After running Neoteny Labs as Principal and making 24 investments since May 2010, James Chan has announced on his blog the rebranding of his early-stage venture fund. It’s now called Silicon Straits, reflecting the narrow bodies of water that flow through much of Southeast Asia.
The change affects Neoteny Labs Pte Ltd, the Singapore-registered entity that was part of the National Research Foundation’s Technology Incubation Scheme (TIS), a government startup co-funding initiative. Neoteny Labs will continue to exist as an offshore Limited Partnership.
James unveiled the new development not long after Neoteny participated in a USD500K seed round in Burpple, a Singapore-based startup that has created a mobile food journal and discovery app. While Joi Ito, the General Partner of the fund, will continue to maintain its existing portfolio with James, he will be focused primarily in his new appointment as the director of the MIT Media Lab.
While Neoteny has a portfolio with startups from diverse geographical areas — including San Francisco — James writes that Silicon Straits will be primarily Southeast-Asia focused. Details are scant on this new entity, except that it’ll continue to be enlisted under the TIS scheme. More will be revealed in 2013, provided the world doesn’t end today.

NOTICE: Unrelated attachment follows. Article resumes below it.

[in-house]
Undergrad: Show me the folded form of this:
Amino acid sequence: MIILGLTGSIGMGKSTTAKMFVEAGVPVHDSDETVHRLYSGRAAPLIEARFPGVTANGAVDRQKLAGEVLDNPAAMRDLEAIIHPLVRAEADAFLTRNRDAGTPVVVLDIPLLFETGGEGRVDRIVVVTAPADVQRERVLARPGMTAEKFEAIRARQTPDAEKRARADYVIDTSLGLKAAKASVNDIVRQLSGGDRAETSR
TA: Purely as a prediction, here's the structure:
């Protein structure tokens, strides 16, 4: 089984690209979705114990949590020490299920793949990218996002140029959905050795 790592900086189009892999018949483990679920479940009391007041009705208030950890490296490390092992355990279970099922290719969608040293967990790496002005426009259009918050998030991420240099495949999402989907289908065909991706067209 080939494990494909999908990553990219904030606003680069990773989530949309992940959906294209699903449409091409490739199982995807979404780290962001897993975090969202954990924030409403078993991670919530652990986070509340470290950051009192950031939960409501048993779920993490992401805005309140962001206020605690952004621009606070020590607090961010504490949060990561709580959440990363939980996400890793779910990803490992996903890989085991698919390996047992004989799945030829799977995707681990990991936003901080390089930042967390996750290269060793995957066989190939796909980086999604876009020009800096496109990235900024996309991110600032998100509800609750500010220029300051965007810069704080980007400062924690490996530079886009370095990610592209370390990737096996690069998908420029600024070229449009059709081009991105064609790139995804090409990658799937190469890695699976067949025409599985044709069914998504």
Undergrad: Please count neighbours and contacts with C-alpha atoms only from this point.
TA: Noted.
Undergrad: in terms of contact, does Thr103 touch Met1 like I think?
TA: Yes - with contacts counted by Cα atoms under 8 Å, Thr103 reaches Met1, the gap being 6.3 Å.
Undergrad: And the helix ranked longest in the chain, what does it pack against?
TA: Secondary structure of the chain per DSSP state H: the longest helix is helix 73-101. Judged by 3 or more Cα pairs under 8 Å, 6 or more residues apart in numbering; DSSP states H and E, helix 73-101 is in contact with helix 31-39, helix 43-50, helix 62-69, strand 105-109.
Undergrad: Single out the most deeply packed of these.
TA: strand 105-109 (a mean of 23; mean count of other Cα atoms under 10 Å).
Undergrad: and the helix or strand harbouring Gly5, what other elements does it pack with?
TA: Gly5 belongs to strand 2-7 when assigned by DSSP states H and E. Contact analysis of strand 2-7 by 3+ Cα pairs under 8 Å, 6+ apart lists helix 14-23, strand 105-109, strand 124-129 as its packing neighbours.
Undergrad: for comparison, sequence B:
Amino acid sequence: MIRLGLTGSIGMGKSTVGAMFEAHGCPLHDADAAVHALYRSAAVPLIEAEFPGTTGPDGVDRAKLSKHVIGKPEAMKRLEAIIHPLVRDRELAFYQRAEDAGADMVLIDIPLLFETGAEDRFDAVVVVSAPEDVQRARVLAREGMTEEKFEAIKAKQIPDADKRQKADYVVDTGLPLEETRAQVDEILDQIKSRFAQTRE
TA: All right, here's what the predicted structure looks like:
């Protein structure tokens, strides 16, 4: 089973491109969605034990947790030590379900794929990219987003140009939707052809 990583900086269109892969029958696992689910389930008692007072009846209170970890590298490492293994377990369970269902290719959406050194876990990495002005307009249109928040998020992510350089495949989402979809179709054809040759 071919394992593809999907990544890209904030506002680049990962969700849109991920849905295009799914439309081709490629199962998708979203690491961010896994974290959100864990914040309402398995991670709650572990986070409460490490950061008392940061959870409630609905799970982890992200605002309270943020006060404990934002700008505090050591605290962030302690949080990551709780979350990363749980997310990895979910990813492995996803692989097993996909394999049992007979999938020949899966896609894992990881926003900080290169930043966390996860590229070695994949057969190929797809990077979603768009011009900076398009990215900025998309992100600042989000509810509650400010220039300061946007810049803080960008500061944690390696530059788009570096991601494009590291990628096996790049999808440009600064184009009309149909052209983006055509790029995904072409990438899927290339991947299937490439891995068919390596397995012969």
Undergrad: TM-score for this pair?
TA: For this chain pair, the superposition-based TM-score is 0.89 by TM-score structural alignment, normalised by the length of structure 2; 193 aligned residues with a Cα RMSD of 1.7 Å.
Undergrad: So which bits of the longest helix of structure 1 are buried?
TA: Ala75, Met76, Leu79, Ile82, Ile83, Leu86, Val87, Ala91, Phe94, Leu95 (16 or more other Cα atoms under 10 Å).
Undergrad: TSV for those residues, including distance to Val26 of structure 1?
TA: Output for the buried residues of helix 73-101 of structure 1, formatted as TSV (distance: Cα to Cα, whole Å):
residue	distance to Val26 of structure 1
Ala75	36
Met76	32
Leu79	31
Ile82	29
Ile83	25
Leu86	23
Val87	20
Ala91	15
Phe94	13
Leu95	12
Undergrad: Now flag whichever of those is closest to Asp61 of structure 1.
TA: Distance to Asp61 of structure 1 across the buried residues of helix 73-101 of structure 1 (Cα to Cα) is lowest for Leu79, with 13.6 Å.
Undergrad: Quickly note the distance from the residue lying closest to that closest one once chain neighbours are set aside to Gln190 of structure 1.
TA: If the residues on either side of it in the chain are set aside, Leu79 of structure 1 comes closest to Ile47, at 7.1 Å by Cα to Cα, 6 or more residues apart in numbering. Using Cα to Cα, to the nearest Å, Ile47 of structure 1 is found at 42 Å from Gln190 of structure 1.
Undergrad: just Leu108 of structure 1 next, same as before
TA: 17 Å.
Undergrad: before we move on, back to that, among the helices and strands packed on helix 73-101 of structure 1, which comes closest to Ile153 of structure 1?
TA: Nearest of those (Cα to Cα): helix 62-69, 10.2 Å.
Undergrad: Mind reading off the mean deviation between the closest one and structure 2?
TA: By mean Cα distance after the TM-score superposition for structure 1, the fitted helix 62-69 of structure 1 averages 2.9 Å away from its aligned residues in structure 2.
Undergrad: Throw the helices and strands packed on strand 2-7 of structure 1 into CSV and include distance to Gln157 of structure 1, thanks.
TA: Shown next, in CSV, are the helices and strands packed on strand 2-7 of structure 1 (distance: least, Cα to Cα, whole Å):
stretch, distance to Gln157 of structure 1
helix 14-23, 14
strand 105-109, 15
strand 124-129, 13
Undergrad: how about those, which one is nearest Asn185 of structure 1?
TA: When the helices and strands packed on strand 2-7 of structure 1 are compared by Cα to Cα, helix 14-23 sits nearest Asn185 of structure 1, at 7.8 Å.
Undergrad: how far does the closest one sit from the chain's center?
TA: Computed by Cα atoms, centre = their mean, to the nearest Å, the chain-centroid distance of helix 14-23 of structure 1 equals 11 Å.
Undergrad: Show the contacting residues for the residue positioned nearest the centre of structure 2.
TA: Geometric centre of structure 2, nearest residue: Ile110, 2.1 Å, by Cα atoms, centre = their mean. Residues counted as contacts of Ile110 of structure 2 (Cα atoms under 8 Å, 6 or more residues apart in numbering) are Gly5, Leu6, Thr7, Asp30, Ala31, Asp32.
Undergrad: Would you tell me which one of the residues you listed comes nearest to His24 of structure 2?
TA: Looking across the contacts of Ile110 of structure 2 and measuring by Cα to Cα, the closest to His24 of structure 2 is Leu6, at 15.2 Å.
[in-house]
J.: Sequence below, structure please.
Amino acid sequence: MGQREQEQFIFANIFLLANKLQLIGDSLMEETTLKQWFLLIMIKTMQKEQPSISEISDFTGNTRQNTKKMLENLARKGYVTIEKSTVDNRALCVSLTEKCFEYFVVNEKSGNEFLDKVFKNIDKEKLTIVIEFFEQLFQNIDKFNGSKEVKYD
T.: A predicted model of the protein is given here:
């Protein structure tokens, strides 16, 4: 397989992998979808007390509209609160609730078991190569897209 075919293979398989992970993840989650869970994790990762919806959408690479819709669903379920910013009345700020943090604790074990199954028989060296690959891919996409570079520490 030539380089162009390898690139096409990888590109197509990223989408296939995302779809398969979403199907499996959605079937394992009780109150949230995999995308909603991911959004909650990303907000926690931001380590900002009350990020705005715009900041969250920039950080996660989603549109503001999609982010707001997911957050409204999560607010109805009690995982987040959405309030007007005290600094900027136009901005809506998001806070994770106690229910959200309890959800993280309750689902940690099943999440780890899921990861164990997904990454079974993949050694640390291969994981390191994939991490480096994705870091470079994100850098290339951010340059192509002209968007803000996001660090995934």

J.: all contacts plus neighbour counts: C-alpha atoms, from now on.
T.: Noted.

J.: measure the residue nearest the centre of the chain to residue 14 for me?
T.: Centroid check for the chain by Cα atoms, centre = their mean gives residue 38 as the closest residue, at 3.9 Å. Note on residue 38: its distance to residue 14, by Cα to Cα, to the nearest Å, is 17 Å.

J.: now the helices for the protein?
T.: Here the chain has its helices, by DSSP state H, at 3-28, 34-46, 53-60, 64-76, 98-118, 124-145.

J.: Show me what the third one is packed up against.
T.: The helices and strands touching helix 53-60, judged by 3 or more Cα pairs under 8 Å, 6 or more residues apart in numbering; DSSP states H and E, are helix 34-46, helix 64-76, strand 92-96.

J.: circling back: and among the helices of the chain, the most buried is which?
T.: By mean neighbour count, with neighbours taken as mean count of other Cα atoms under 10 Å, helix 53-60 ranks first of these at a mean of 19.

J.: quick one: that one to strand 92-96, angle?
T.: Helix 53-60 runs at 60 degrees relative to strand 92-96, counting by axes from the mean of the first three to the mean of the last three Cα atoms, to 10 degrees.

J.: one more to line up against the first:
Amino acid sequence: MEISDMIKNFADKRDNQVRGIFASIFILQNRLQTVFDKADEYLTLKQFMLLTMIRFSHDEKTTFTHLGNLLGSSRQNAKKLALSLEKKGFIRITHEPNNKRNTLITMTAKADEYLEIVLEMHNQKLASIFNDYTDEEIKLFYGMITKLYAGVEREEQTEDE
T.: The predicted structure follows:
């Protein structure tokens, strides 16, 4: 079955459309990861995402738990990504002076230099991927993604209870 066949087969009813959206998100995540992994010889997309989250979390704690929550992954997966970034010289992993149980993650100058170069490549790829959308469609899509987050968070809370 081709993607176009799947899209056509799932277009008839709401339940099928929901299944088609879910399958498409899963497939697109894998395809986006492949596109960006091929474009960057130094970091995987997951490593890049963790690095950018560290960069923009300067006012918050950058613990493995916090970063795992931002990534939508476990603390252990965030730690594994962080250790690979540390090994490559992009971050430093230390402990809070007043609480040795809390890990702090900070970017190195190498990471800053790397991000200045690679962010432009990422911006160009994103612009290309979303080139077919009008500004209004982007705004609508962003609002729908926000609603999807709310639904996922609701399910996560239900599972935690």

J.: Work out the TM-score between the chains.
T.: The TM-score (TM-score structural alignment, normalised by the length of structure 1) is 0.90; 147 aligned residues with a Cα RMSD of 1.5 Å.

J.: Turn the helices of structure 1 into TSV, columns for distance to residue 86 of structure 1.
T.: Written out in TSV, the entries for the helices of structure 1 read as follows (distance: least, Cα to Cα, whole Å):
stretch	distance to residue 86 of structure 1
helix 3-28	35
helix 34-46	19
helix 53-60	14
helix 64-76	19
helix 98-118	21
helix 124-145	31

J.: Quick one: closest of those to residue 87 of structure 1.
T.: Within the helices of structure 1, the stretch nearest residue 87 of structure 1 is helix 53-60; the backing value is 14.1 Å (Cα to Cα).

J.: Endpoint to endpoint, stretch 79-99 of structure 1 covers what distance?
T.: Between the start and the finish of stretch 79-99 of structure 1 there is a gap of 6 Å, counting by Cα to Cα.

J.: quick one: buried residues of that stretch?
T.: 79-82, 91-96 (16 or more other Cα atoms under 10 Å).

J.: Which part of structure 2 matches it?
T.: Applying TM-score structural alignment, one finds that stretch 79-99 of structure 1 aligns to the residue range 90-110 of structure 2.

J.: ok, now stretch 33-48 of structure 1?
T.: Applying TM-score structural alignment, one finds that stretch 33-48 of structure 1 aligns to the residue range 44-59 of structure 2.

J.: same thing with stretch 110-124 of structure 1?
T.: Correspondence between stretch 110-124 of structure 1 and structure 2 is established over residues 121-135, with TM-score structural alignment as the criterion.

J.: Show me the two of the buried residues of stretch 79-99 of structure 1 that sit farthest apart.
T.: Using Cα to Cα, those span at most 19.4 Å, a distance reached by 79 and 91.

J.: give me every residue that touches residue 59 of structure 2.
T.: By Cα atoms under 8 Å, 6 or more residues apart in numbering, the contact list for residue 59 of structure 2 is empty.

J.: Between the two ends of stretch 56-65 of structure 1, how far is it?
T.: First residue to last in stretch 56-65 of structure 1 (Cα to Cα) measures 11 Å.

While James will continue to be on the boards of Burpple, ImpulseFlyer, and TripVillas, he won’t be making any more new investments using Neoteny’s USD5M fund. He’s also seeking new partners on certain unspecified endeavors.
Besides Burpple, Neoteny’s previous investments in Asian startups have included Viki, an entertainment translation service, Insync, a syncing app for Google Docs, ImpulseFlyer, a private sales platform for hotels, and Animoca, a games development company.
While the above startups are either thriving or alive, Neoteny has had its fair share of failures too. Startups that have gone nowhere include Found, an app that arranges meetups between friends, Chalkboard, a mobile advertising startup that shut its doors in April this year, and Chumby, which failed to respond adequately to market shifts, most notably the rise of Apple’s iPhone.
We have contacted James for additional comments. We’ll update this article if he responds.
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